Prime Minister Skerrit was unapologetically vocal in his call for the resignation or firing of the Secretary-General of the OAS in response to what he described as constant attacks on Venezuela and the unfair interferences in the domestic affairs of the country. The Prime Minister was vehemently opposed to what he considered to be impartiality on the part of the leadership of the OAS. He warned, “the OAS should not allow any Secretary-General to bypass his/her functions and assume a disrespectful position against a sovereign country.”
To a large extent, PM Skerrit echoed the views of the Foreign Minister and President of Venezuela who expressed similar concerns and planned countermeasure to what they saw as an attempt by the OAS and the more conservative regional governments to topple the Maduro administration, amidst a crippling economic crisis that has led to significant inflation specifically high food and fuel prices, a lack of basic goods, and social unrest involving the shooting of anti-government protesters by riot police.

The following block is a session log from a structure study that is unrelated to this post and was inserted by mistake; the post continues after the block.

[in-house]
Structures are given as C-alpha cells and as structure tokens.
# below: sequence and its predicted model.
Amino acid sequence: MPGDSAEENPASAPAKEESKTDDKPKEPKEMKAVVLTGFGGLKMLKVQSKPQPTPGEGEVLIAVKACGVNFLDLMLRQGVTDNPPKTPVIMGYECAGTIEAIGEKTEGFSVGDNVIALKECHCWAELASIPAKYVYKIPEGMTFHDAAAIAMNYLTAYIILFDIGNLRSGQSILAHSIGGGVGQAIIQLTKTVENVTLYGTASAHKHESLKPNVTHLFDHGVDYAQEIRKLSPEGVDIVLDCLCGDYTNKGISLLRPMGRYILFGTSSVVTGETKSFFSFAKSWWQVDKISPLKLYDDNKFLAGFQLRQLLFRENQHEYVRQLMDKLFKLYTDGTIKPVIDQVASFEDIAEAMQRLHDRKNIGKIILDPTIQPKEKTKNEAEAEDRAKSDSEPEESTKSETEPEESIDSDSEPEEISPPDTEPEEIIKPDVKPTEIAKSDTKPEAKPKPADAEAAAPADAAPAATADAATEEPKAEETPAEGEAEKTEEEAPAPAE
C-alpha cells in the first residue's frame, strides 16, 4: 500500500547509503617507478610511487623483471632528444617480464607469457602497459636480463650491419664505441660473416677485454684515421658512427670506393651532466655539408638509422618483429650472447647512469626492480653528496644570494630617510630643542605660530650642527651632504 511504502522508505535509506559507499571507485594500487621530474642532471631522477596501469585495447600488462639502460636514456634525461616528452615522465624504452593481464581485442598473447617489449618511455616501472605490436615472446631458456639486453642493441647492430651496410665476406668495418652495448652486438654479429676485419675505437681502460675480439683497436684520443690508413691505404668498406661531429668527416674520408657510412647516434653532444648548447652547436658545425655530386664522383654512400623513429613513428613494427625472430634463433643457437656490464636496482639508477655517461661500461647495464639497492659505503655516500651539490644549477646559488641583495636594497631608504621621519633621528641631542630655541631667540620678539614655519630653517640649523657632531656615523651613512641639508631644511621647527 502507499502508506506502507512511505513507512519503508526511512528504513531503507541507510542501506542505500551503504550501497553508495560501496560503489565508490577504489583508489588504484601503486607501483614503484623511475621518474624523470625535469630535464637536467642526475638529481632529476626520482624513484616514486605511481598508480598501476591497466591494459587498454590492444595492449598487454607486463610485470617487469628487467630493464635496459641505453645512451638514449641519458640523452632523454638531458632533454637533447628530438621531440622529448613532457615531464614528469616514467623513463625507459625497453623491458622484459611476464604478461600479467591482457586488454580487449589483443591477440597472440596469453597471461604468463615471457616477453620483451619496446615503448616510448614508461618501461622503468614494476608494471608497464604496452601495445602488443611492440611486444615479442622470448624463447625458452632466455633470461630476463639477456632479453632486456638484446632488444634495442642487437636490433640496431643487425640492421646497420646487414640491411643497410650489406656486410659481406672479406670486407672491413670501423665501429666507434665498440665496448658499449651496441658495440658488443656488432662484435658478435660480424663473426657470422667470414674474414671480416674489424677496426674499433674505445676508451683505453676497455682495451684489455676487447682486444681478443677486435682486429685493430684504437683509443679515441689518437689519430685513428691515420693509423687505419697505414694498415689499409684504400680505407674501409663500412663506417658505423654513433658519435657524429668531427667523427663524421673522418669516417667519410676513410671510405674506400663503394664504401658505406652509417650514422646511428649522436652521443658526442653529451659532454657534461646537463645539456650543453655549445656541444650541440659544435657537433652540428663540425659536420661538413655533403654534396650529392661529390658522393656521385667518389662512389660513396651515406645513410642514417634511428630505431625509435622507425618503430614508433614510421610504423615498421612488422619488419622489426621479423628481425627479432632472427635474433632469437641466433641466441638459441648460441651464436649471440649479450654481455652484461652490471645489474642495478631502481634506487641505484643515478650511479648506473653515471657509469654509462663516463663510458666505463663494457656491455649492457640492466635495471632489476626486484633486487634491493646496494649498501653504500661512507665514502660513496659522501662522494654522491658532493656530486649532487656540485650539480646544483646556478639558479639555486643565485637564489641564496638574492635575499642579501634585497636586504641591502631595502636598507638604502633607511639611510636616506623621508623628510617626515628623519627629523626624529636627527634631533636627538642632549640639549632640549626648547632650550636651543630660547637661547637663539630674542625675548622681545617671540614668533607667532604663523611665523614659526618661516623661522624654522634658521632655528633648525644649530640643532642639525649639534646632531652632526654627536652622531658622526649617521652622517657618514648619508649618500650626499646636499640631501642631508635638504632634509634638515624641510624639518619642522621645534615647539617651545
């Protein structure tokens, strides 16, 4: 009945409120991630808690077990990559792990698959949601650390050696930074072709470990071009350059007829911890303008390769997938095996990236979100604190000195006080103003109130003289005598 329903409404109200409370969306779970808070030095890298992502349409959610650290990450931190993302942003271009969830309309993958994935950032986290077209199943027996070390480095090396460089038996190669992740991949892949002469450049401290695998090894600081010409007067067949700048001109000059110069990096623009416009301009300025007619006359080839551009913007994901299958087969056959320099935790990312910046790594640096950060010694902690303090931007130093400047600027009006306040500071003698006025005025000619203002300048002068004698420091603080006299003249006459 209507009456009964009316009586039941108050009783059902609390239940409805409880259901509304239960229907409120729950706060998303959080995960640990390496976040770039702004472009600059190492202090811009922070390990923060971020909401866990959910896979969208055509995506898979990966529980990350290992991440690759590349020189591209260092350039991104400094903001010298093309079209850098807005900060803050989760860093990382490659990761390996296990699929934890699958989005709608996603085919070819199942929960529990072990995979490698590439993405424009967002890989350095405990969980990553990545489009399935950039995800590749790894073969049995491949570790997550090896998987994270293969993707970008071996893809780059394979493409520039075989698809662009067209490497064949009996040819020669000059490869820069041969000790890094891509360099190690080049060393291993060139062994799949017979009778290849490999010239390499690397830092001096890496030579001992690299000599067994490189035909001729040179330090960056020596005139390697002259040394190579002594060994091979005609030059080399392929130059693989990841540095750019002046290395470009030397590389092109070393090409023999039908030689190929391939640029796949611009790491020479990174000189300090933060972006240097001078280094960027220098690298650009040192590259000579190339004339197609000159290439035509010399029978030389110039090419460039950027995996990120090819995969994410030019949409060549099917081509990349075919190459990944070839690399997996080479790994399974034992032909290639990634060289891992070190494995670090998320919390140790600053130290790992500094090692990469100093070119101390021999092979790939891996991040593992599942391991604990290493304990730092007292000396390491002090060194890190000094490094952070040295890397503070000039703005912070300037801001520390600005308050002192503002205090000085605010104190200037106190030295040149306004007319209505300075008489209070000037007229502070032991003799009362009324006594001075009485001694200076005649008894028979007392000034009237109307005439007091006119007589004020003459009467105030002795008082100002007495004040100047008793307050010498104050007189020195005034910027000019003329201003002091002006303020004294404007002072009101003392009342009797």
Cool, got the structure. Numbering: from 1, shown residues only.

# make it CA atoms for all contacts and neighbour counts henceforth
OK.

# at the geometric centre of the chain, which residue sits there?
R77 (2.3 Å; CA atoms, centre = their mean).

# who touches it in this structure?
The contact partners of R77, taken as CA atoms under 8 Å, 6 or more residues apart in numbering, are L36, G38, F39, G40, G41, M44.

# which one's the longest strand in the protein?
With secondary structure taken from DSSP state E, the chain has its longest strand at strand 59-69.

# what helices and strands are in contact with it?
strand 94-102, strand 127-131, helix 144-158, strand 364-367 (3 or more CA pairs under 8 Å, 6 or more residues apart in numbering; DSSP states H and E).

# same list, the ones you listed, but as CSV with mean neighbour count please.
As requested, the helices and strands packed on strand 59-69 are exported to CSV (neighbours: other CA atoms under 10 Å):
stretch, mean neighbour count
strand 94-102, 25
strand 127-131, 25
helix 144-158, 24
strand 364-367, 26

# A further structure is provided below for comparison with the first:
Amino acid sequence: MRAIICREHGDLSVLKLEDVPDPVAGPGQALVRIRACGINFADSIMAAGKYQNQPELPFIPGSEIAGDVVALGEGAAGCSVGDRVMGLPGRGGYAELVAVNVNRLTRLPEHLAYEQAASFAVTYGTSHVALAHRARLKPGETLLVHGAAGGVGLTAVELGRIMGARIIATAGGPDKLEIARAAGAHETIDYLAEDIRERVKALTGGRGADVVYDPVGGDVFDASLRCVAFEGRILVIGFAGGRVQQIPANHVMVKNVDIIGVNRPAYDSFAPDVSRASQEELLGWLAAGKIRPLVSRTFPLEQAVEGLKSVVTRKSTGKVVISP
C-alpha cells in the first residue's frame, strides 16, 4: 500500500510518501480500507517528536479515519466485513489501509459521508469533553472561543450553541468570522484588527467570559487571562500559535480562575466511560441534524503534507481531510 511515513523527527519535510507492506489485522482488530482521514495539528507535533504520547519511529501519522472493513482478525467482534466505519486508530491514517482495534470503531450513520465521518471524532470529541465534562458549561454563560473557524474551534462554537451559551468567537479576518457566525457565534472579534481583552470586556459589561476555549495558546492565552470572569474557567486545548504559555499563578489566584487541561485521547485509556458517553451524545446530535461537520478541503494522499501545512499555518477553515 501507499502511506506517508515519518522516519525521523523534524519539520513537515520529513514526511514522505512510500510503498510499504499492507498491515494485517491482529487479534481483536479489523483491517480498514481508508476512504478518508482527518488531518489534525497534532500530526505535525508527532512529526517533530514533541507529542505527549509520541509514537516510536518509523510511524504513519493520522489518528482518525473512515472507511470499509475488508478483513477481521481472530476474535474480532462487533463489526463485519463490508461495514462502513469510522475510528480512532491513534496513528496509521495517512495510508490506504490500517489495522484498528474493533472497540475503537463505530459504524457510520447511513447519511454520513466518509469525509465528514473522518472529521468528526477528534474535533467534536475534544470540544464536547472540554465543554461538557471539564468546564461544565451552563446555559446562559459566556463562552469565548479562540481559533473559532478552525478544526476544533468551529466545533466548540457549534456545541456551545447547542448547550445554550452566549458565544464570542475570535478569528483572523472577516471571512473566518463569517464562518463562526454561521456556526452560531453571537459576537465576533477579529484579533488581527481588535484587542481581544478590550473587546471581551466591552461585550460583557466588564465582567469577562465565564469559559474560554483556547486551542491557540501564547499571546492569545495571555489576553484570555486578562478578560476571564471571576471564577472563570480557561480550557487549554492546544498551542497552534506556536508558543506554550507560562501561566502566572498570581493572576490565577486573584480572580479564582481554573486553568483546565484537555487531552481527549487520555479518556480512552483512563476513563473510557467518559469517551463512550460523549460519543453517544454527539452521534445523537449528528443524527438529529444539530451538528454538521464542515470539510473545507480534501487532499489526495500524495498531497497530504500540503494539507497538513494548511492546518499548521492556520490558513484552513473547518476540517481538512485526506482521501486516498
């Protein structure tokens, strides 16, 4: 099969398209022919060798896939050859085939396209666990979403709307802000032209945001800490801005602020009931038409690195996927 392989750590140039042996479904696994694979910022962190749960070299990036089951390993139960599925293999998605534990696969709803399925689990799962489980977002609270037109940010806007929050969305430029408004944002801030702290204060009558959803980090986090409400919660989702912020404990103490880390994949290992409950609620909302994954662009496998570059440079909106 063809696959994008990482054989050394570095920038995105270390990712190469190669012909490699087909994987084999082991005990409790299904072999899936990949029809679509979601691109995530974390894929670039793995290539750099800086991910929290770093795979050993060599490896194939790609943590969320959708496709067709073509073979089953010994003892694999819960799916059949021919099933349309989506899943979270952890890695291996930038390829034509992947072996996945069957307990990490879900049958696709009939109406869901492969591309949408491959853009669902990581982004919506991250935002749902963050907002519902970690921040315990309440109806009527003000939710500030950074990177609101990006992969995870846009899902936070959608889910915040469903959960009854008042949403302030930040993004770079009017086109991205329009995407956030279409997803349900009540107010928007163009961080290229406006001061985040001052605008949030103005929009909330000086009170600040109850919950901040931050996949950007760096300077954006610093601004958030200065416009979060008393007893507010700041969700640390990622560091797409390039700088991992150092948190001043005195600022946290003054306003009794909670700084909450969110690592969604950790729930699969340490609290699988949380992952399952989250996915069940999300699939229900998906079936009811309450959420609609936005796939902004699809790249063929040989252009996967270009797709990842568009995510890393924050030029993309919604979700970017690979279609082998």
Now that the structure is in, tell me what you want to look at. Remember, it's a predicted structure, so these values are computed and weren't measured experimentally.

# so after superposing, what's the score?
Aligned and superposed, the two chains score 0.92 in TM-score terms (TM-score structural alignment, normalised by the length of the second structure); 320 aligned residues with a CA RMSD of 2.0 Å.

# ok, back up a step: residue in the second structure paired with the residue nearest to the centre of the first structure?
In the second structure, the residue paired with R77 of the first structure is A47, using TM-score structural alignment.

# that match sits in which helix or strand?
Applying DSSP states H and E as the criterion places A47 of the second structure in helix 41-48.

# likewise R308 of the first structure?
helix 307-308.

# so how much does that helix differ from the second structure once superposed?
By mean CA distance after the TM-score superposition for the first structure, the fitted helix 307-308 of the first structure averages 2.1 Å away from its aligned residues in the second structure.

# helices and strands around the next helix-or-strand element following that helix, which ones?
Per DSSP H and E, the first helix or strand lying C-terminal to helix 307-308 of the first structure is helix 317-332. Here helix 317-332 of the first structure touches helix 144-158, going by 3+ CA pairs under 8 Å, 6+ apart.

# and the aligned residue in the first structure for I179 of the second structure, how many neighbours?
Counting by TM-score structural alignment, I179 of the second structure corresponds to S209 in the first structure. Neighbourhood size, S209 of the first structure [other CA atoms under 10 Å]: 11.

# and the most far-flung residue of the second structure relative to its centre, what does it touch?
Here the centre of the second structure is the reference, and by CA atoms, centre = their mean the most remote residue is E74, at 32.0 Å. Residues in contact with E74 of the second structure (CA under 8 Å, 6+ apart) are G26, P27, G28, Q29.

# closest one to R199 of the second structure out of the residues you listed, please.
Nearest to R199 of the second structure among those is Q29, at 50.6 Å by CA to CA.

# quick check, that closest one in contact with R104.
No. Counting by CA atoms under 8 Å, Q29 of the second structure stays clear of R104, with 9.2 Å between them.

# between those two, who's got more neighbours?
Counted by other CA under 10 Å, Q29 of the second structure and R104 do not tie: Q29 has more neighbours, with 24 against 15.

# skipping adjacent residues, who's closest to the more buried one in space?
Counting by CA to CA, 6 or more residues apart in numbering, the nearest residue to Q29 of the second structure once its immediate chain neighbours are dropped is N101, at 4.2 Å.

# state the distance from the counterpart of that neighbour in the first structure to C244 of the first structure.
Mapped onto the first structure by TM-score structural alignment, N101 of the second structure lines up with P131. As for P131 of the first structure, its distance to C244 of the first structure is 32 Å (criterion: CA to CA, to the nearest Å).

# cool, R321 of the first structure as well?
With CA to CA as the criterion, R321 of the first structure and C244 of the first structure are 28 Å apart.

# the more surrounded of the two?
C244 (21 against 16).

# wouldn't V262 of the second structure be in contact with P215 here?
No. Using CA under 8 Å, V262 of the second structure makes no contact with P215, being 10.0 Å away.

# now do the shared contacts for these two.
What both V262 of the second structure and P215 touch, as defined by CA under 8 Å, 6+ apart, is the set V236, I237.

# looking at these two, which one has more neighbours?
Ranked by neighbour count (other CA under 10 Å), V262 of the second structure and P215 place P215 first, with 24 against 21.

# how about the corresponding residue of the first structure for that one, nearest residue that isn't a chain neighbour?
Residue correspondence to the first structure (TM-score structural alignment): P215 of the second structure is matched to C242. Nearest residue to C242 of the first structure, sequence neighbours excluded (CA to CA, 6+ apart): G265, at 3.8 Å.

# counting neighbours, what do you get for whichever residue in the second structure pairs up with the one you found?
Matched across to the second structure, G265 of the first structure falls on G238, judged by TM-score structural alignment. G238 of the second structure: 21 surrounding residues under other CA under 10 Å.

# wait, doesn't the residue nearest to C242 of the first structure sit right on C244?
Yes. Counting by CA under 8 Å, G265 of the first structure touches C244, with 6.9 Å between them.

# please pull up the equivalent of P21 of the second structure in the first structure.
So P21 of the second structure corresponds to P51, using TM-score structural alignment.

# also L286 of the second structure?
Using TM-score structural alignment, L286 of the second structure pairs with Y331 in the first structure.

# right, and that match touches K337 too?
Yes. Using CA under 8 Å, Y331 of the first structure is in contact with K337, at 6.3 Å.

When the vote was taken at the OAS on the US resolution on the situation in Venezuela, PM Skerrit of Dominica was among three CARICOM leaders who ordered their ambassadors to the OAS to vote against it. The resolution included a call for President Maduro to reconsider rewriting the Venezuelan constitution and a proposal for a ‘group of friends’ of the United States in the region to mediate the political crisis that engulfed Venezuela.
The then Foreign Affairs Minister of Dominica, Ms. Francine Baron represented Dominica at the OAS’s General Assembly. In her speech, she echoed the views of her Prime Minister stating that the OAS must be based on a principle of non-interference and respect for the sovereignty of member states, even though the same Dominican government later had no problem in inviting the RSS to Dominica on the eve of our last general elections to suppress and intimidate Dominicans who were fighting for needed electoral reform.
Following the unsuccessful resolution, SG Almagro offered to resign if Venezuela were to hold free, fair and transparent national elections without impediments and enacted constitutional and legal reforms to protect democracy. As a staunch ally of Venezuela, PM Skerrit continue to side with Venezuela and has adopted similar practices in Dominica, which includes relentless persecution of Opposition members and manipulation of our electoral system, having brazenly announced to the world that “No law, No Constitution” can prevent him from acting as he desires.